Legal Tech isn’t Special

Flippant title aside, hear me out. Having attended a number of legal tech events in the past 4 years, there seems to be an underlying assumption that legal tech has a very unique, maybe even insurmountable, set of challenges. When you look at law firm business models, legal consumer research, and the ethical/regulatory landscape, it seems to make sense. I even find myself feeling overwhelmed by these idiosyncrasies while building Gust Launch. What I have come to realize though is that this isn’t a productive mindset. 

Every industry is unique and has its own set of challenges. We can’t be mired in the hurdles. We have to focus on the opportunities to create value for people that can benefit from legal services. 

One thing I remember from law school is that only a small number of people that need legal services actually get them. This information was primarily in the context of encouraging attorneys to perform pro bono work. While more attorneys should aspire to give more of their time to pro bono (myself included), the same concept also applies to technology. Every day in my job I get to make starting a company easier. We are trying to lower the barriers to entrepreneurship. Innovation in law is more than just helping today’s winners get more successful. It is about providing more access with better outcomes.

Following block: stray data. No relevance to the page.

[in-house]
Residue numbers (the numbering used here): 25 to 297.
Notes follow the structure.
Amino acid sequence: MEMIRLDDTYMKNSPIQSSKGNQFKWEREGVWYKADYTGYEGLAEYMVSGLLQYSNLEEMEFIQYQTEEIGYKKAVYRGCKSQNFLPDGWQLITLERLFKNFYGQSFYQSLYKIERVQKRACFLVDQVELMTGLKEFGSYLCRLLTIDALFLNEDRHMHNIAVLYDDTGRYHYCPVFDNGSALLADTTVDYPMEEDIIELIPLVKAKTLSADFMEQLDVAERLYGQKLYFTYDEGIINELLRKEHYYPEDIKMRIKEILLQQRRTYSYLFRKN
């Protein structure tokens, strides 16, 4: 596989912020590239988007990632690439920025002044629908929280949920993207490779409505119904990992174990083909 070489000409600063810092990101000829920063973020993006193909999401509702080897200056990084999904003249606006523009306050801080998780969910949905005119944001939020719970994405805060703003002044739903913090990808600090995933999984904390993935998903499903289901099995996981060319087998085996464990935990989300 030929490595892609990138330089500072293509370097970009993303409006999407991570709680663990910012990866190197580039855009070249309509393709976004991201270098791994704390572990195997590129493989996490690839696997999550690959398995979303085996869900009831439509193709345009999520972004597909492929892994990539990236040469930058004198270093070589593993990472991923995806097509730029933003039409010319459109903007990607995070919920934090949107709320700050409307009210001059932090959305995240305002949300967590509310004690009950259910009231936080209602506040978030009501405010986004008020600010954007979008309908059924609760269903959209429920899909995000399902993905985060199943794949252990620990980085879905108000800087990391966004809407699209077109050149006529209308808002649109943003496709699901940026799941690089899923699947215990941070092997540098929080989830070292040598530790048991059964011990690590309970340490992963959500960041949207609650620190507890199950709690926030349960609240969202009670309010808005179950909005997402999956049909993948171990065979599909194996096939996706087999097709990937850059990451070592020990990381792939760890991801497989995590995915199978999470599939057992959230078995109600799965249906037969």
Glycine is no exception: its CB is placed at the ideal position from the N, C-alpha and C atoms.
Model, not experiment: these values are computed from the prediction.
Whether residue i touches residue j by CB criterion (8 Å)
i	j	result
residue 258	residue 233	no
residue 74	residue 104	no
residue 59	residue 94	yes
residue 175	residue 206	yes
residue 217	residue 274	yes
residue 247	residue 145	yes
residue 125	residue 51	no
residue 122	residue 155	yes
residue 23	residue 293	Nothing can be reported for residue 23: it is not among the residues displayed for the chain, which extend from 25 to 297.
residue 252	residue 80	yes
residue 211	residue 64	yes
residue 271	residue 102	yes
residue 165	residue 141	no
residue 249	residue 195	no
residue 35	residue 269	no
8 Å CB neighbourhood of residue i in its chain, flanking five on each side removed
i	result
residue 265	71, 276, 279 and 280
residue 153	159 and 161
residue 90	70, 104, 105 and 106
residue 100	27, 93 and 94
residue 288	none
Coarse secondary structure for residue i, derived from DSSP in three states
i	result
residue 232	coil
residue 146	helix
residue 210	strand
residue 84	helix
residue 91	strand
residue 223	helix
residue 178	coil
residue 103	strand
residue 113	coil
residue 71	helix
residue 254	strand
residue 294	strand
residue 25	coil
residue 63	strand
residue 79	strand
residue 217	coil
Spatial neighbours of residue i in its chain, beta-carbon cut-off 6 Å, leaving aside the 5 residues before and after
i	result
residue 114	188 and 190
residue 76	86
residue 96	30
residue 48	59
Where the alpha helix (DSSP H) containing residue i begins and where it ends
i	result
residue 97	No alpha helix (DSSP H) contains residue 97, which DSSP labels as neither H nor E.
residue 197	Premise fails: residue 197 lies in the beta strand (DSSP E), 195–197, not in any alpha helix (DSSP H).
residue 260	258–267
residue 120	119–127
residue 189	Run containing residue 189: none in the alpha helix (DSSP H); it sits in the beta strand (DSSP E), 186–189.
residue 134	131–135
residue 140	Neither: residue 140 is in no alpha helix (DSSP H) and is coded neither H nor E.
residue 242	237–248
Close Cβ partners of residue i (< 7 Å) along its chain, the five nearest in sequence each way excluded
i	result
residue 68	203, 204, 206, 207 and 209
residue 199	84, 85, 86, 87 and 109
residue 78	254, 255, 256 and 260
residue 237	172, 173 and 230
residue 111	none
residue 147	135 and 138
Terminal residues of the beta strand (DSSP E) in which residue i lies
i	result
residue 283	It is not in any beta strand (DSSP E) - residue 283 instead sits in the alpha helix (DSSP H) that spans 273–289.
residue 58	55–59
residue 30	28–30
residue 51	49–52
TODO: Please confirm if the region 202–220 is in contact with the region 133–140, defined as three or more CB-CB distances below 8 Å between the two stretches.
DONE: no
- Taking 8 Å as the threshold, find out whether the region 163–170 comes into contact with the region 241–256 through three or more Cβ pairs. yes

Another thing, can we pump the breaks on our fixation on how the value is being delivered? Whether it is AI, blockchain, NLP, or whatever else on the cutting edge, the means don’t matter as much as the value it ultimately generates. All this fixation on the how takes away from the why and makes the conversations about technology adoption and process improvement more challenging. It makes it unapproachable. There is a place for technical deep-dives—let’s not have it be the dominant way of trying to convince attorneys to adopt legal technology though. 

So let’s relax a little on hammering on the great challenges for legal tech. Even if it is true, it really isn’t getting us anywhere. Plenty of other hard problems and challenges in different industries have been solved and improved. Let’s look to those examples to see what strategies were successful and how they apply to our problems.